Friday, 30 April 2010

Belgian and Spanish high nobility marries most equal

In the period 2001-2010 the heirs of the Belgian and Spanish high aristocracy have married mostly other nobles compared with the ducal and princely heirs in other European countries. The British and French heirs marry the most commoners. A perfect example is the wedding today in Madrid of Don José Márquez y González de Gregorio, son of the Duquesa de Fernandina, and Edina Gräfin Zichy zu Zich und Vásonykeö.

In these ten years 68 heirs of the highest European aristocracy married. This includes the ruling and formerly ruling families and the European families with a princely or ducal title. Of the 12 marriages of heirs of ruling and formerly ruling families only one married a noble, the Hesse- Faber-Castell union, two married partly noble spouses, France – Tornos y Steinhart and Italy – Coureau, and the other nine heirs married commoners.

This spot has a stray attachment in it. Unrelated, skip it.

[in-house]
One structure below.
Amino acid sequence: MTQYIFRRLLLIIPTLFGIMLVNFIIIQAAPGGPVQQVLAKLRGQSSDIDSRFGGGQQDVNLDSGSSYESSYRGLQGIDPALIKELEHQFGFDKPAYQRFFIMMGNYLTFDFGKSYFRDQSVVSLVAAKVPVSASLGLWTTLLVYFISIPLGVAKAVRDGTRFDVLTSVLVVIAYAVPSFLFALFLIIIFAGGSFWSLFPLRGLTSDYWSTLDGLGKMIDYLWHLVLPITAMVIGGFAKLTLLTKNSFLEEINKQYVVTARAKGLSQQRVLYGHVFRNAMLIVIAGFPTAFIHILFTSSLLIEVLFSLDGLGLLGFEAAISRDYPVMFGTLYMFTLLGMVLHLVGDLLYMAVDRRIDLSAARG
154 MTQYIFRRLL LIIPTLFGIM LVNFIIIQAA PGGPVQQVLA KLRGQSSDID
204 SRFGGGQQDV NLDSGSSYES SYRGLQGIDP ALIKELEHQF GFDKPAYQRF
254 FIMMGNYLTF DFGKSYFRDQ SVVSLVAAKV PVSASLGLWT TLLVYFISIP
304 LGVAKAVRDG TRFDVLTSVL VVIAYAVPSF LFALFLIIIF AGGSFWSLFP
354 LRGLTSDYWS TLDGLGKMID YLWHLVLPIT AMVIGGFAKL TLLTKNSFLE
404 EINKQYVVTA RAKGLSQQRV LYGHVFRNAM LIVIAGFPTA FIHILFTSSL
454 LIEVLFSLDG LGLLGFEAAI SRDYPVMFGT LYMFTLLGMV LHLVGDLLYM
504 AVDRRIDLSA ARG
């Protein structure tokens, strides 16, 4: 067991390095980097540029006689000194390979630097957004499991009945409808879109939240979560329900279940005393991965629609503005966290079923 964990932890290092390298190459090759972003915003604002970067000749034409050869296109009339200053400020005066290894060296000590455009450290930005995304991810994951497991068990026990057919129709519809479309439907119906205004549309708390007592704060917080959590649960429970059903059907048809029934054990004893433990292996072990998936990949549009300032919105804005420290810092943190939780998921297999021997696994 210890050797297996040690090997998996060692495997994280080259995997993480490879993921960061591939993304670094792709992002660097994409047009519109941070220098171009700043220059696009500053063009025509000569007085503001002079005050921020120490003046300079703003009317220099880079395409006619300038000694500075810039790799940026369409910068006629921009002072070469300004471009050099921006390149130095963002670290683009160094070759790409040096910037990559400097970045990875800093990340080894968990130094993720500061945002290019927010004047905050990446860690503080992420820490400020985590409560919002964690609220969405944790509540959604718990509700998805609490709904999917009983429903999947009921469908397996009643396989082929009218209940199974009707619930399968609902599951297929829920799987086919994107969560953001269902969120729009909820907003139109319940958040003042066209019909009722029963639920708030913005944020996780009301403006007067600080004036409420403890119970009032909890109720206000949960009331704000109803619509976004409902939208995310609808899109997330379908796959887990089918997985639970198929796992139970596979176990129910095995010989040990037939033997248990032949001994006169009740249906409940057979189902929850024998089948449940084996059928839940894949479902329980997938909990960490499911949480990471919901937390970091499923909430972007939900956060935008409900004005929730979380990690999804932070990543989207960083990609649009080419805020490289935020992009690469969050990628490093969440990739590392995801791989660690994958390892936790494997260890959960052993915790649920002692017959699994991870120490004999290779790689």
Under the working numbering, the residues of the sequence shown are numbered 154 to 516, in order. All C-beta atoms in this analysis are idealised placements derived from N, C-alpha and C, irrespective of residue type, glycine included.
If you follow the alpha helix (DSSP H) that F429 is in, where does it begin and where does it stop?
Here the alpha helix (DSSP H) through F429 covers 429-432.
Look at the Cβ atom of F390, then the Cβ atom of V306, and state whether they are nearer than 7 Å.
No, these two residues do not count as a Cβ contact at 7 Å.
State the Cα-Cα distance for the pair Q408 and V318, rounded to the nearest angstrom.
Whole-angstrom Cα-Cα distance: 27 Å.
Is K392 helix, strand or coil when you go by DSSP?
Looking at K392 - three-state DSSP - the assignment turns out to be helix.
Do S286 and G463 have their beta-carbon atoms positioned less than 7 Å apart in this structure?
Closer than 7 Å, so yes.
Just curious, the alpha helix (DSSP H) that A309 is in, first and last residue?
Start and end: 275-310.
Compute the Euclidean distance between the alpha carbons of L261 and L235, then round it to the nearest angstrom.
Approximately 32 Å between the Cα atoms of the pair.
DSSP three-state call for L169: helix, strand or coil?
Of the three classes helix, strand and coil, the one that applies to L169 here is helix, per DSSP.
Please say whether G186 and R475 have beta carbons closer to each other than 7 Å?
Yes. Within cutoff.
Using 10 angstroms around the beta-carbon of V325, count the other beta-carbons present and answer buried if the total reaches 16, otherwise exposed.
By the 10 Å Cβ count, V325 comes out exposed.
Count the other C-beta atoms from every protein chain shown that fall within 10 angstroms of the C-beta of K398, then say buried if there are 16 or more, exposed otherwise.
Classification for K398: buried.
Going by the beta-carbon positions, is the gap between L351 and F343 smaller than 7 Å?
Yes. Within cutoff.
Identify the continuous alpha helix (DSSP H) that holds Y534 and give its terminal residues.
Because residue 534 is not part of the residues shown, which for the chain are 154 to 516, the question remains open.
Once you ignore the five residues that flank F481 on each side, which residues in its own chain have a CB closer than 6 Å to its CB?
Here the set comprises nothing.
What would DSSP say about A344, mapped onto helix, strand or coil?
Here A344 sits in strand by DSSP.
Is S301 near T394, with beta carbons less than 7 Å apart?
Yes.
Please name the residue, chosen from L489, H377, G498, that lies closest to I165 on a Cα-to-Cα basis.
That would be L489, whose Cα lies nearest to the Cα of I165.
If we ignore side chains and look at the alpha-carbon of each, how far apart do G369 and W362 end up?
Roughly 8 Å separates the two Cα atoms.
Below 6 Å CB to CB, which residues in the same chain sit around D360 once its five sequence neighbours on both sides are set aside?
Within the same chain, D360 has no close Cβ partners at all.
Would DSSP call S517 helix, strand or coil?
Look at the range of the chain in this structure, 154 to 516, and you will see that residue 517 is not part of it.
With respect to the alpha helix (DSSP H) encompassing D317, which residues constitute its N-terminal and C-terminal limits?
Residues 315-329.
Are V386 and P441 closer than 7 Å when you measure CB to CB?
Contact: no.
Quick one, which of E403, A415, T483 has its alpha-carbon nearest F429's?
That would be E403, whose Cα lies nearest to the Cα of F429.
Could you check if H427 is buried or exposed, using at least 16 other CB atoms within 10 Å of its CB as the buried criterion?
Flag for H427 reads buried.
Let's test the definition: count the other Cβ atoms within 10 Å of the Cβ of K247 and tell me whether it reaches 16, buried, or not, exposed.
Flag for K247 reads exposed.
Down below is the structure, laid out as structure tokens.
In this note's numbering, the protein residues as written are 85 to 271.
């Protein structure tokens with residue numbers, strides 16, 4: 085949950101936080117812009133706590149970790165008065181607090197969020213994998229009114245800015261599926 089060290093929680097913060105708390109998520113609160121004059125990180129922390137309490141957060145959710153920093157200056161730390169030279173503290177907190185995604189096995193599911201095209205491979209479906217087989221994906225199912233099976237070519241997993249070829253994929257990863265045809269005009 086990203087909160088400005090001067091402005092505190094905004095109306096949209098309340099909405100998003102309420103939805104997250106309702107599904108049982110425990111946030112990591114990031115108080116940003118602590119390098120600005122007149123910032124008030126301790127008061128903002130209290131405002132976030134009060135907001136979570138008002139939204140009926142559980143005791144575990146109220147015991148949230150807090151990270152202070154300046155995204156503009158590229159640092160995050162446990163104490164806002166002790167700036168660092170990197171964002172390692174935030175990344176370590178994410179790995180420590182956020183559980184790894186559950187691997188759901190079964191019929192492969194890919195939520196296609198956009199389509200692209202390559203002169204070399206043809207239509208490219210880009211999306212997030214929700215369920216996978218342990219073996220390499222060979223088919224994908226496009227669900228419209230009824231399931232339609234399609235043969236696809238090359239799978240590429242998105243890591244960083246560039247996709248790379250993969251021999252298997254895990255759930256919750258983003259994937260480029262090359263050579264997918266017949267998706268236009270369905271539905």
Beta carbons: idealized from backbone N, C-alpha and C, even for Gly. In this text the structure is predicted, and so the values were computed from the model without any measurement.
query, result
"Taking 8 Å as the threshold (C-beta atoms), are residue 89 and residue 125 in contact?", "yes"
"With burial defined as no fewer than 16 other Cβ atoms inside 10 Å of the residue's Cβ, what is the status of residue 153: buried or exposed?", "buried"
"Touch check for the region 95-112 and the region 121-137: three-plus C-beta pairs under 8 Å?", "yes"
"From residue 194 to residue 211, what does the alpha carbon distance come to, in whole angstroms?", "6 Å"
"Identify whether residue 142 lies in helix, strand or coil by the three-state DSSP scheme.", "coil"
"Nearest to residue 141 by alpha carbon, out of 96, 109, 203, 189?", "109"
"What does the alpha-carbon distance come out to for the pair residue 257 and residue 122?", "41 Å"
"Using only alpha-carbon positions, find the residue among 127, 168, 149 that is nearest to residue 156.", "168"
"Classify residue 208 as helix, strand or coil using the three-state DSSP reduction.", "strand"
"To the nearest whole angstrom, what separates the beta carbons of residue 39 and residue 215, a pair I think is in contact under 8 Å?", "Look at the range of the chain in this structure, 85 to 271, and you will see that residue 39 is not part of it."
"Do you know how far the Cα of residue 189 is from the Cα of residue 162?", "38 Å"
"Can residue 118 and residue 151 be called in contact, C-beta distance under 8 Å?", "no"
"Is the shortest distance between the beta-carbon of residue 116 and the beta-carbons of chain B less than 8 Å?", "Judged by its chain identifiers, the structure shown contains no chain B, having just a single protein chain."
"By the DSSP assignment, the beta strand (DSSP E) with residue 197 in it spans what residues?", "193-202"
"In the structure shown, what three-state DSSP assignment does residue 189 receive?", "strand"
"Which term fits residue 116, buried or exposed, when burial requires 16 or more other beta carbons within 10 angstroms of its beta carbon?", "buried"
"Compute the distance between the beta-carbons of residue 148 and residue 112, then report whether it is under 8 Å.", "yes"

There were just two Belgian marriages, but both were with noble partners, Bethune-Hesdigneul – Roquefeuil and Riquet de Caraman-Chimay – Ursel. Of the 11 Spanish marriages, five were with a noble spouse, three with a partly noble partner and three with a commoner. The German and Austrian families followed suit, of their 17 marriages 7 were with noble partners, 3 with partly noble and 7 with commoners. Of the nine British heirs two married partly noble women, Cavendish – Roundell and Wellesley – Kidd, the rest married a commoner. The three French heirs married in this period only commoners.

In the period 1981-1990 of the 47 marriages of the heirs of the high aristocracy 55% was with a noble partner, in 1991-2000 this percentage had dropped to 45% and in the last period it had further decreased to only 30%. The unions with partly noble spouses (a noble mother or grandmother) had increased slightly to 18%, but commoners are with 52% the largest group of partners.

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